The Social Media Era of News is Over
Outlets are returning to some tried and tested tactics.
Banging on what now looks like an ancient laptop, the legendary New York Times media columnist David Carr is grilling some of the key figures at Vice News, including co-founder and CEO Shane Smith. Following a snarky comment from Smith about the legacy media, Carr hits back, reminding his subject how long his employer has had reporters on the ground in places around the world.
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It’s an iconic scene from “Page One: Inside The New York Times”. (The clip is not for the faint-hearted.)
I’ve mentioned this film, and probably this scene, in newsletters and podcasts before. It’s a must-watch for media nerds. And I’ve been thinking about it again recently as icons of the social media-driven age of news have collapsed.
Buzzfeed News is gone. Vice is reportedly filing for bankruptcy. Countless other digital media outlets are cutting significant numbers of staff. Upstart news sites relying on advertising and having their stories tailored for social media and SEO for maximum impact seemingly cannot survive. It feels like the end of an era.
Yes, it is undoubtedly true that the likes of Google and Facebook put significant strain on the advertising market, making it hard for such outlets to be sustainable in the long term. Equally, publications became far too dependent on them to spread their work, pivoting to accommodate any algorithmic tweaks. It’s easy to say in hindsight, but there could only ever be one winner.
What we’re seeing now is success built on direct relationships, namely, but not only, newsletters. I was at the Publisher Podcast Awards recently (as a judge, not an entrant). The discussion there made it clear that audiences love hearing their favourite journalists as much as they love reading them. Podcasts help form an intimate connection.
Whether it is a micro-operation like mine or a major one like the suite of newsletters offered by the Financial Times, a direct relationship with news consumers matters. And people are prepared to pay for reliability and quality. Just ask the New York Times.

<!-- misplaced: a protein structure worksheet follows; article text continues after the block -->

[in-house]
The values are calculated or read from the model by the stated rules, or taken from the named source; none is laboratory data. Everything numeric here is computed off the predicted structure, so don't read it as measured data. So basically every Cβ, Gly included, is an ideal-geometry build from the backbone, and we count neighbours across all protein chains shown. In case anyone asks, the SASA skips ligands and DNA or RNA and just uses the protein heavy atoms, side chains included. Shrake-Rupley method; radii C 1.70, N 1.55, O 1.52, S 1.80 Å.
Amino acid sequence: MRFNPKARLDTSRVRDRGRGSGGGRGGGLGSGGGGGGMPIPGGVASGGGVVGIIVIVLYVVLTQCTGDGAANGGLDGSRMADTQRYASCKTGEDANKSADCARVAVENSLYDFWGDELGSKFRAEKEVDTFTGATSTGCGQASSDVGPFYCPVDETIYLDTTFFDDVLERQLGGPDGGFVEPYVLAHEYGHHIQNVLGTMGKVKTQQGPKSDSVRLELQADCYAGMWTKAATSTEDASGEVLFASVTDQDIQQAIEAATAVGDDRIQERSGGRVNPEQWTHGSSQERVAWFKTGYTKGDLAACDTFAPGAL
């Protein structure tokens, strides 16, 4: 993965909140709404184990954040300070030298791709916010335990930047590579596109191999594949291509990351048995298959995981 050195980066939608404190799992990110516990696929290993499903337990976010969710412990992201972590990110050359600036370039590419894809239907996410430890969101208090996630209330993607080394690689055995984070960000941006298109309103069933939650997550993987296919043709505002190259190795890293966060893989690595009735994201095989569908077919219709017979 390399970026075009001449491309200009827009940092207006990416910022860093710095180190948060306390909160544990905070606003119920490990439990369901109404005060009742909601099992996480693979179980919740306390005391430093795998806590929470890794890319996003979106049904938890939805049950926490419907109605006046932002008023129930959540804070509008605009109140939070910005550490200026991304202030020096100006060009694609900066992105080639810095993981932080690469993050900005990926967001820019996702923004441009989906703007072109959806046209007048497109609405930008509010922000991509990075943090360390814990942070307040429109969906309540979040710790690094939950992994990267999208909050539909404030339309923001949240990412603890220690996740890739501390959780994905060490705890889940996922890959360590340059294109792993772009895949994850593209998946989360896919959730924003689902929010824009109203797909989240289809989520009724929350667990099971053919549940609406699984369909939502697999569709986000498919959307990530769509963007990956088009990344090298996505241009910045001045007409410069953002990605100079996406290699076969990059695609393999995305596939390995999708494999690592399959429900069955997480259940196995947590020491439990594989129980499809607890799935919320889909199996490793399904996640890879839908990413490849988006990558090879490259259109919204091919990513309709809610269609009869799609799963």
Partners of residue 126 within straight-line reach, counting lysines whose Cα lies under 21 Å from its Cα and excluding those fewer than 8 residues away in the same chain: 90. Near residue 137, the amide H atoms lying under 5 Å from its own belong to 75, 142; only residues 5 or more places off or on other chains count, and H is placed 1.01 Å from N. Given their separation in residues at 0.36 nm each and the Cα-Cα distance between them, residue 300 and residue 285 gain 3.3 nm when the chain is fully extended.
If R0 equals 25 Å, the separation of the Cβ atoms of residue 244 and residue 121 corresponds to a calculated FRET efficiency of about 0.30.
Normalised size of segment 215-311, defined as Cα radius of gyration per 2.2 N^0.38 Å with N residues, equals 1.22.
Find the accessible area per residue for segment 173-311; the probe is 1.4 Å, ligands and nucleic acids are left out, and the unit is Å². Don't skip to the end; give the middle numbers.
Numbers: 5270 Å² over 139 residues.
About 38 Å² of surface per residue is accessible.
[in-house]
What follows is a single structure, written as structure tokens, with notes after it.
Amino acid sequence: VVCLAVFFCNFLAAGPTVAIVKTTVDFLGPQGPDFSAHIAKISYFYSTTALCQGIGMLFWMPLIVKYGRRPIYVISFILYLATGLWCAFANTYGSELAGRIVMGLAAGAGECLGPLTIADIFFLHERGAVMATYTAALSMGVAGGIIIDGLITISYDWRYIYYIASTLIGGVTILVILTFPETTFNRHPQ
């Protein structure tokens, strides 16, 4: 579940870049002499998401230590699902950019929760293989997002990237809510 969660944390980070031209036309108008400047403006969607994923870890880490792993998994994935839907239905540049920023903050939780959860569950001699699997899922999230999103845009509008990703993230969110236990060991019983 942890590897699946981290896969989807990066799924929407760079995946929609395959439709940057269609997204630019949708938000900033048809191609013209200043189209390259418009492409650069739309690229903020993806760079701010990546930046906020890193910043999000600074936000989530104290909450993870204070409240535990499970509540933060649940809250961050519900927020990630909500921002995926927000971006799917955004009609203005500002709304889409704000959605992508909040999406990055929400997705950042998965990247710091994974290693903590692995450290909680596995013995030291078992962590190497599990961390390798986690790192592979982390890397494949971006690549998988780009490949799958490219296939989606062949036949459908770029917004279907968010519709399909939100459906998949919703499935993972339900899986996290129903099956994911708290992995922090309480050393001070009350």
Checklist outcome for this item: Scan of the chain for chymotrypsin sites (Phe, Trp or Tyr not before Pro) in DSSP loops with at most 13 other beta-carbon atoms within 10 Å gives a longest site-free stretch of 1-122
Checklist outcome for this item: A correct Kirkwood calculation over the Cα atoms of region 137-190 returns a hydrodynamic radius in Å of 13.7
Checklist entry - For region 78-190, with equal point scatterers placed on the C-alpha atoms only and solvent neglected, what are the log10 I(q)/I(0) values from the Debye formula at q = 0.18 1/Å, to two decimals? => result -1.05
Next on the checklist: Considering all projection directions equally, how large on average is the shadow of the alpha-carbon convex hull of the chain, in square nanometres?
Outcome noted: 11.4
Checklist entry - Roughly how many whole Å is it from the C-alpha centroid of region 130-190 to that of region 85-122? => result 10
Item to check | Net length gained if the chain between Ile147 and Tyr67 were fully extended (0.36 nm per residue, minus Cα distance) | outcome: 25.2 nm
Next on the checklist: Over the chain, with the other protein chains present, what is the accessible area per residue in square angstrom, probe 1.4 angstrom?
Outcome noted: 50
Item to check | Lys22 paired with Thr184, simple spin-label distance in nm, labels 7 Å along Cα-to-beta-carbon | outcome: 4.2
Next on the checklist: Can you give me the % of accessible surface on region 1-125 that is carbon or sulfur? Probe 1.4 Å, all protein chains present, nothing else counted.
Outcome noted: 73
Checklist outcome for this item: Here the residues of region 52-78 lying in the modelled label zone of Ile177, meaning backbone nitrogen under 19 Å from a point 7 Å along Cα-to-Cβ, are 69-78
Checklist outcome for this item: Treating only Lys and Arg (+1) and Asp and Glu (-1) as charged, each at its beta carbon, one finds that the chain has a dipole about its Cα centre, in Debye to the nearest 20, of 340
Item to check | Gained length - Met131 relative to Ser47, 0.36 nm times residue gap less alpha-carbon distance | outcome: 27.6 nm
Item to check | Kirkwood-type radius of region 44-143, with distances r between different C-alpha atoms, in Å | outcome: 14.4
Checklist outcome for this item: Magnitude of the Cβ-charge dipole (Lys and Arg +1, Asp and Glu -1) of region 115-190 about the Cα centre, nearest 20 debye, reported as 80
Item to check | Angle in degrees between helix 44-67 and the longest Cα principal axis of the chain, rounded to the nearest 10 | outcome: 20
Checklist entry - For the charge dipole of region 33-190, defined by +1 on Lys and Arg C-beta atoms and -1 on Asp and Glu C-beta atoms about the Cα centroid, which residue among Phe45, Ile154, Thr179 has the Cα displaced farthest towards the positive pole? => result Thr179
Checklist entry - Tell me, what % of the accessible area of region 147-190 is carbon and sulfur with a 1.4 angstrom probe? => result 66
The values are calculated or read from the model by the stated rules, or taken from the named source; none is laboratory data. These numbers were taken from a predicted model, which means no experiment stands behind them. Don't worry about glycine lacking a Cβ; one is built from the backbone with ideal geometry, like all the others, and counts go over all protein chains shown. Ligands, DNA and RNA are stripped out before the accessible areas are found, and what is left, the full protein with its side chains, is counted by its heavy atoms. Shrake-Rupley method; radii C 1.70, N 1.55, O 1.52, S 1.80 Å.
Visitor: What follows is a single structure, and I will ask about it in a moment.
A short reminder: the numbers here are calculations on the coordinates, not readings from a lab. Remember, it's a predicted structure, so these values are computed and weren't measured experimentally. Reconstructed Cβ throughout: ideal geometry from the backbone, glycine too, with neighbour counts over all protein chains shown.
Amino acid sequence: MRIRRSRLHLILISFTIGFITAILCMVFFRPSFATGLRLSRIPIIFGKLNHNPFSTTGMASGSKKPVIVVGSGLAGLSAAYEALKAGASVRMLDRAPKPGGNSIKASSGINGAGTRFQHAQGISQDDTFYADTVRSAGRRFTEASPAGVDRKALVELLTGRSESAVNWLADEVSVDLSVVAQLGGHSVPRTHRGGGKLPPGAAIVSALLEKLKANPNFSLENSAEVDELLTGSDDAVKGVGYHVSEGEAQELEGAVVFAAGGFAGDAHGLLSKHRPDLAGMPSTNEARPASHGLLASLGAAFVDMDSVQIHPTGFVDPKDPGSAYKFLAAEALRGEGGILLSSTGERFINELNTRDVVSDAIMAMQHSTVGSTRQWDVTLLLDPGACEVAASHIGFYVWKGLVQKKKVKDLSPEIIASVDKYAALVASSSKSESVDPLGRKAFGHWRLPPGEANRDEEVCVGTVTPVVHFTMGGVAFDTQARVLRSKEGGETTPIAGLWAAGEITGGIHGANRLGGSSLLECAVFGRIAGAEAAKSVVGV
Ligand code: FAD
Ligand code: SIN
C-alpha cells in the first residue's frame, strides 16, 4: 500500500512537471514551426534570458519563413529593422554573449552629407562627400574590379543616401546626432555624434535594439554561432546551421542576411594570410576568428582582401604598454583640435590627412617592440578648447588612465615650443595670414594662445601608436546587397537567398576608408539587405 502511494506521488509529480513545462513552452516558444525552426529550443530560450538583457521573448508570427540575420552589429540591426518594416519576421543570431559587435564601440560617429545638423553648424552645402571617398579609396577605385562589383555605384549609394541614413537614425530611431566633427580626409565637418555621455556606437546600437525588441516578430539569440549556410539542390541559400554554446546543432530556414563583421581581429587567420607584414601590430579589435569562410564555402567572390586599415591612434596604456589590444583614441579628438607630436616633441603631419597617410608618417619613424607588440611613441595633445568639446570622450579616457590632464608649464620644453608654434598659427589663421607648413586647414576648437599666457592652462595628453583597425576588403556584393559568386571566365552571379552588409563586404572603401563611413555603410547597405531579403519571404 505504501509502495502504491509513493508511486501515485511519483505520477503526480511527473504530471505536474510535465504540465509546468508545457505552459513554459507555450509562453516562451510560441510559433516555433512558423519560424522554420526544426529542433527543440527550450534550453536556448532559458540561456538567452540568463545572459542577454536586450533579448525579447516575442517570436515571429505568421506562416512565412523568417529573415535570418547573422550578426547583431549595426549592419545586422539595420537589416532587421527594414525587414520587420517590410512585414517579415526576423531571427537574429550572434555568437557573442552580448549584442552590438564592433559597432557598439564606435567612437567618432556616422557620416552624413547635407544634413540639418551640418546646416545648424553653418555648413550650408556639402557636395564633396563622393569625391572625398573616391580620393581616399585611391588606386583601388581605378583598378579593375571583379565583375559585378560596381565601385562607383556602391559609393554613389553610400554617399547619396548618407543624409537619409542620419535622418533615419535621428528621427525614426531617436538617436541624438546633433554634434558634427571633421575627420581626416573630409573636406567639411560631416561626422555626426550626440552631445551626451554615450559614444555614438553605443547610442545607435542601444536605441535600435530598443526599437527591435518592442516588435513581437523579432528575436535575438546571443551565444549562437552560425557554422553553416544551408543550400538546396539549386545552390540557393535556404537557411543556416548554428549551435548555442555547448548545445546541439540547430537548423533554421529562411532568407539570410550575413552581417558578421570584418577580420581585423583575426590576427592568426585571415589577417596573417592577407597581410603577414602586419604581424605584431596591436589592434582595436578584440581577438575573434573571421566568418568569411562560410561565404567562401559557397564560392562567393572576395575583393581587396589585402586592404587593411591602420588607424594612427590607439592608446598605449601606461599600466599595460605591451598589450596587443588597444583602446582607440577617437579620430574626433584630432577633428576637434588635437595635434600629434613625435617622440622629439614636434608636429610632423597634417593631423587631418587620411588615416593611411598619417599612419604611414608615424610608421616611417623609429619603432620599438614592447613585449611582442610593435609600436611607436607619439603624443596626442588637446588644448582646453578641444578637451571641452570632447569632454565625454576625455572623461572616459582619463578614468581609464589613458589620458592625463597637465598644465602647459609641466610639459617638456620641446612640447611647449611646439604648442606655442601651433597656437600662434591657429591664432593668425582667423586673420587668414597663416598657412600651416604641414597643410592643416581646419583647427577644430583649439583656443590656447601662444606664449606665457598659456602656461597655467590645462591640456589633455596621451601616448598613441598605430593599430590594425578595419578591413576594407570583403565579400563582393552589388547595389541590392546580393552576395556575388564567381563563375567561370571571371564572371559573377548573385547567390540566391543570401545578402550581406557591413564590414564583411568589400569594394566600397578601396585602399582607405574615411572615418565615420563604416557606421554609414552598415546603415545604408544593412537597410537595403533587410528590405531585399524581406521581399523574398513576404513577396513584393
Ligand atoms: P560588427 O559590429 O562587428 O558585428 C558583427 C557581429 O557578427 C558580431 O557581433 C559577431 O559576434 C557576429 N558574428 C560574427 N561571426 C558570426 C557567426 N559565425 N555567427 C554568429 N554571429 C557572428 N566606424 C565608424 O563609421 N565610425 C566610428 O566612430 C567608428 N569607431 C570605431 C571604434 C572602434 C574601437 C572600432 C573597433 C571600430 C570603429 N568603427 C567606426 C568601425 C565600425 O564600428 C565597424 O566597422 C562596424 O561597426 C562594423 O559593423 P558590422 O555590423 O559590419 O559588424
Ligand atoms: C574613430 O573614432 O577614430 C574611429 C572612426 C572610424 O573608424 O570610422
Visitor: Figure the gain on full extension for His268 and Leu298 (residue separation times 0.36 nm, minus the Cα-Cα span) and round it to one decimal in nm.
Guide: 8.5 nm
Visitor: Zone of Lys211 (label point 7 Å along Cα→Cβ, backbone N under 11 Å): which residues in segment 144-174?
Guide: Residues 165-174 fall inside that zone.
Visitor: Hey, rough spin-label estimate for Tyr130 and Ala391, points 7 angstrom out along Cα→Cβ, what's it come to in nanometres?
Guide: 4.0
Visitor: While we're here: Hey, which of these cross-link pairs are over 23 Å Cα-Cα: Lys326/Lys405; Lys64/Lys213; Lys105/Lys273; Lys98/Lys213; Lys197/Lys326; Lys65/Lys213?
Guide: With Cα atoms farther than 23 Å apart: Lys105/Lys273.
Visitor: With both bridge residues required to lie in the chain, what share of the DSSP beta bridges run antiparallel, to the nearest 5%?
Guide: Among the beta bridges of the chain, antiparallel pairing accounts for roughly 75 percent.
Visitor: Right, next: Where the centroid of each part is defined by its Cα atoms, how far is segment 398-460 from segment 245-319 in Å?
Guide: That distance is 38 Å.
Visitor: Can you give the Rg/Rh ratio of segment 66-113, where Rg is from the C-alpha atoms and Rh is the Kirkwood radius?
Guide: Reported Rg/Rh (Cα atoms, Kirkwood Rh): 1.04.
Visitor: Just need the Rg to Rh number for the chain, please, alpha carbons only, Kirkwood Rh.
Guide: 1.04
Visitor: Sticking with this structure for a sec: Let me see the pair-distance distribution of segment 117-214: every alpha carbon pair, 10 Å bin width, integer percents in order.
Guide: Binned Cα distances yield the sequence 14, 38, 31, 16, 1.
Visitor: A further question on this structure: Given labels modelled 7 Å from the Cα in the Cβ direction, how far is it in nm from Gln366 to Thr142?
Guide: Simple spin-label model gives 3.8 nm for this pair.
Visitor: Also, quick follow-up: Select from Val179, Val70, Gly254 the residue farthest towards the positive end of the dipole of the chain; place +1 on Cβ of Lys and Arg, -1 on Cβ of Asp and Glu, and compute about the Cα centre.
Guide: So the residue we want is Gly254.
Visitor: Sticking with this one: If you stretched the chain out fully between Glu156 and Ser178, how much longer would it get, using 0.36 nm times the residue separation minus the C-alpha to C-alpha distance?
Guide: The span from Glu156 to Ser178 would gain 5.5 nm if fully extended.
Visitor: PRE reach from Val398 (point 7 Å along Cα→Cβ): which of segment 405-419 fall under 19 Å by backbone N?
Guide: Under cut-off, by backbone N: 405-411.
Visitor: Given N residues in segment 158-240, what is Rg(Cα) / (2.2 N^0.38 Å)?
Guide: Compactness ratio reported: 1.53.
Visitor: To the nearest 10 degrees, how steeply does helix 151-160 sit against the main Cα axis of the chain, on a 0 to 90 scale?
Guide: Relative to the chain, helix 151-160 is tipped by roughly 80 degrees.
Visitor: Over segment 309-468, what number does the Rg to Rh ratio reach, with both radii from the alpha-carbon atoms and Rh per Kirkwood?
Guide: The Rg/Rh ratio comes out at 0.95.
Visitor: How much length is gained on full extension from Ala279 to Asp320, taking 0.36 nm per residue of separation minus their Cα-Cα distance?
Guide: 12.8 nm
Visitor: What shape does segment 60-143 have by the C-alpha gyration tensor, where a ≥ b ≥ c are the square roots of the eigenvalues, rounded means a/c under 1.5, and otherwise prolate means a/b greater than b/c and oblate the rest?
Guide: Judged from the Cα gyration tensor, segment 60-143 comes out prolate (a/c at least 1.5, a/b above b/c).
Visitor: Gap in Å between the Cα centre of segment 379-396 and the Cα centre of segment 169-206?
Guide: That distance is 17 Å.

But there is something else happening too. Semafor’s Max Tani described it in a recent newsletter/article as media going “back to the future”.
Homepage traffic, blogging, niche email newsletters. They were some of the foundational concepts of digital media in the early 2000s. And as the digital news media business turns again, they’re increasingly the ones media organizations are turning to.
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His boss, Ben Smith, who was the founding editor of Buzzfeed News before taking over the late Carr’s column and then founding Semafor, has written about this too. Like Tani, Smith noted that “as the social tide receded, HuffPost’s giant, old-fashioned front-page, has remained surprisingly vital.” He also spoke about much of this with me on this week’s podcast.
It would be easy, and entirely understandable, to be depressed about the hits taken by sites like Insider, Buzzfeed News and Vice News. It’s always miserable seeing good journalists laid off, and this is all before AI really takes hold. Clearly, social media still has a meaningful role in news too - look at the growing impact of TikTok - but things have changed significantly.
Maybe I am naive, but I actually felt quite positive on the back of reading Tani’s insights. They demonstrated to me both that a media business can still do well if it is built on good foundations and that there remains a place for niche outlets.
Some things are fads. Others are fundamental.
On the Blog
TikTok Removed my Evan Gershkovich Videos - Recently, I’ve been playing around with TikTok. Twice I posted videos that mentioned Evan Gershkovich, the Wall Street Journal reporter being held in prison in Russia. Both were instantly removed, before being restored on appeal.
On The Podcast
Ben Smith on Tucker Carlson, the Dossier and the Dress - Smith has a book out, “Traffic”, explaining what he has seen and learnt over the course of his career to date